As I write first column as President of SHM, palliative care has been much in the news. As a hospitalist who spends much of my time caring for people approaching the end of life and teaching about palliative care, these 2 weeks have kept me busy talking about end of life issues with family, friends, patients, colleagues, and the media. At the same time, these events have reaffirmed for me my choice of a career as a hospitalist and the central role that hospitalists play in providing the highest quality care for the sickest patients, in continually improving that care, and in refining the systems to deliver it.
Terri Schiavo died 2 weeks after her feeding tube was removed. Her life and death sparked protests and political debate. Yet in the end, what seems most profound is the great sadness and loss for her family. Soon after Terri Schiavo died, Pope John Paul II became acutely ill. Several days after a feeding tube was placed, the Pope died in his apartment at the Vatican, triggering a global outpouring of love and grief.
In modern American health care, probably Terri Schiavo and the Pope would have received care from a hospitalist. If she were to arrive in a hospital after a cardiac arrest today, Terri Schiavo would likely be cared for by a hospitalist. It is the hospitalist who would have the first discussions with her family about her condition and prognosis. Similarly, most 84-year-old men with Parkinson’s disease, pneumonia, and a urinary tract infection would be cared for by a hospitalist. Hospitalists are serving as de facto ethicists and palliative care physicians, as we care for increasing numbers of people with serious and terminal illness. This shift in care provides an unprecedented opportunity for us to improve the quality of care for the half of all Americans who die in hospitals. Providing state of the art palliative care reinforces our efforts globally to improve the quality of care for all hospitalized patients. Furthermore, these cases highlight the need for research to define the best ways to deliver that care. As I thought about Terri Schiavo and the Pope, and saw the intense media spotlight on them, I kept thinking, “What does this mean for me?”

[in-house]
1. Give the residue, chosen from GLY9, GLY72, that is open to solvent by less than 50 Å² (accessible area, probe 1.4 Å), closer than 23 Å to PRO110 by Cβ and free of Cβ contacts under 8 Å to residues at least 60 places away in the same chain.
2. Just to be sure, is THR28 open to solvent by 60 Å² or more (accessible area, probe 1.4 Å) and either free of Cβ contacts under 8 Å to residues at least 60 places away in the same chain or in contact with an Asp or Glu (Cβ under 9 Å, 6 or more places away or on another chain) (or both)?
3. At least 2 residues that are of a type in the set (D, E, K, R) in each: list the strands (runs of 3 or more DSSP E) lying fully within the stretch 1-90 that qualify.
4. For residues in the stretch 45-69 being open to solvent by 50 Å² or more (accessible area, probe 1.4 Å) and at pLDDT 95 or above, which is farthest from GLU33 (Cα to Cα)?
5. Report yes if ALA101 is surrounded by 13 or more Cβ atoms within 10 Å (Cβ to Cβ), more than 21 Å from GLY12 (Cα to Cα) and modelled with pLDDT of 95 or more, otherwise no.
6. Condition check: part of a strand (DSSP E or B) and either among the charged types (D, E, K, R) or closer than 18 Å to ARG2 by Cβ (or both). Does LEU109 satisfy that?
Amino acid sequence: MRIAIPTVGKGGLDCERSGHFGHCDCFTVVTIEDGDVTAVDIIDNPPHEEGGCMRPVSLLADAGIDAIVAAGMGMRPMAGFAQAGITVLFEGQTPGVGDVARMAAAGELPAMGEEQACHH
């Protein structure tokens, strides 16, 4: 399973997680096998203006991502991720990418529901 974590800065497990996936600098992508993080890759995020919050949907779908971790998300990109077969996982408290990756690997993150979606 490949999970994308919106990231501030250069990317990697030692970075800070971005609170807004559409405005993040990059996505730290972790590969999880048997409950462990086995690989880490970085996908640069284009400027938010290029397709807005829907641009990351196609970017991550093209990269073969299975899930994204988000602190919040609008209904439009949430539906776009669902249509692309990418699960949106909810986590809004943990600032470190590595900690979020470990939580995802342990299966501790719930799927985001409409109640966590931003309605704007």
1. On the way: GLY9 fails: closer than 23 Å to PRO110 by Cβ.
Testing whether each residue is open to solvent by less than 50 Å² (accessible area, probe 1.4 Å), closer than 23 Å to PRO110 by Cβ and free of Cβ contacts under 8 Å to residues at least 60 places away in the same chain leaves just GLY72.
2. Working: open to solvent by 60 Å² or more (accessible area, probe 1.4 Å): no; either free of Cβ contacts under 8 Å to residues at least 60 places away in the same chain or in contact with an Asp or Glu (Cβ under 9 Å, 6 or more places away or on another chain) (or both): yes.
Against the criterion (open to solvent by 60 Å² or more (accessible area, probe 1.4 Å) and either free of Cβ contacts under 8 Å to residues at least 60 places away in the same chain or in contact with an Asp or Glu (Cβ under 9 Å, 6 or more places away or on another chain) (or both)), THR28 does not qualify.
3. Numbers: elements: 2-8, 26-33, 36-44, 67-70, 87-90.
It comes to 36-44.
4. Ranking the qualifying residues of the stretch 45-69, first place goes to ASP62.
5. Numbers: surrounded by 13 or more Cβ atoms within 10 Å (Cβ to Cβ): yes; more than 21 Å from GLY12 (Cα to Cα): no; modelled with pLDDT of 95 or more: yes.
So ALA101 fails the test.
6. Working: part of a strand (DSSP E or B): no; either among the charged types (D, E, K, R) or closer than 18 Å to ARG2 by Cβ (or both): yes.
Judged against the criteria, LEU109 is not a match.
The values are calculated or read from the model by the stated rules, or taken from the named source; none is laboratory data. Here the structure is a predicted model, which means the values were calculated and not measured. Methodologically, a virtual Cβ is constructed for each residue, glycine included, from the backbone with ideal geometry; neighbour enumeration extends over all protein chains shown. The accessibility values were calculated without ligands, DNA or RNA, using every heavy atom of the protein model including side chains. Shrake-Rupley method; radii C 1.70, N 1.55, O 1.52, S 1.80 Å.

I have given this question a great deal of thought over the past week. What, if anything, do the deaths of Terri Schiavo and the Pope teach us? As I see it there are at least 3 important lessons for us as individuals and as hospitalists.
The first lesson is that each of us should consider the kind of care we would want if we were to suffer a devastating injury, as did Terri Schiavo, or be stricken with a progressive, debilitating illness, like the Pope. We should discuss our preferences for care with our loved ones and write them down. As hospitalists we should have these discussions routinely with our patients, document the conversations, notify the patient’s primary care physician, and encourage patients to share their thoughts with their loved ones. As a son, husband, brother, nephew, grandson, and father, I realized that one of the most important obligations I owed to my family was to make my wishes known, and to learn about the wishes of my loved ones. As a hospitalist, I realized that I owed it to my patients to help them express their preferences for care. What I learned echoed what we know about advance directives: You cannot predict what someone will say. Not unexpectedly, my mother, grandmother, and aunt told me that they would never want to live like Terri Schiavo. But in a complete surprise my aunt told me that my favorite uncle, who is blessed with a quick wit and brilliant sense of humor, wants to be kept alive as long as possible.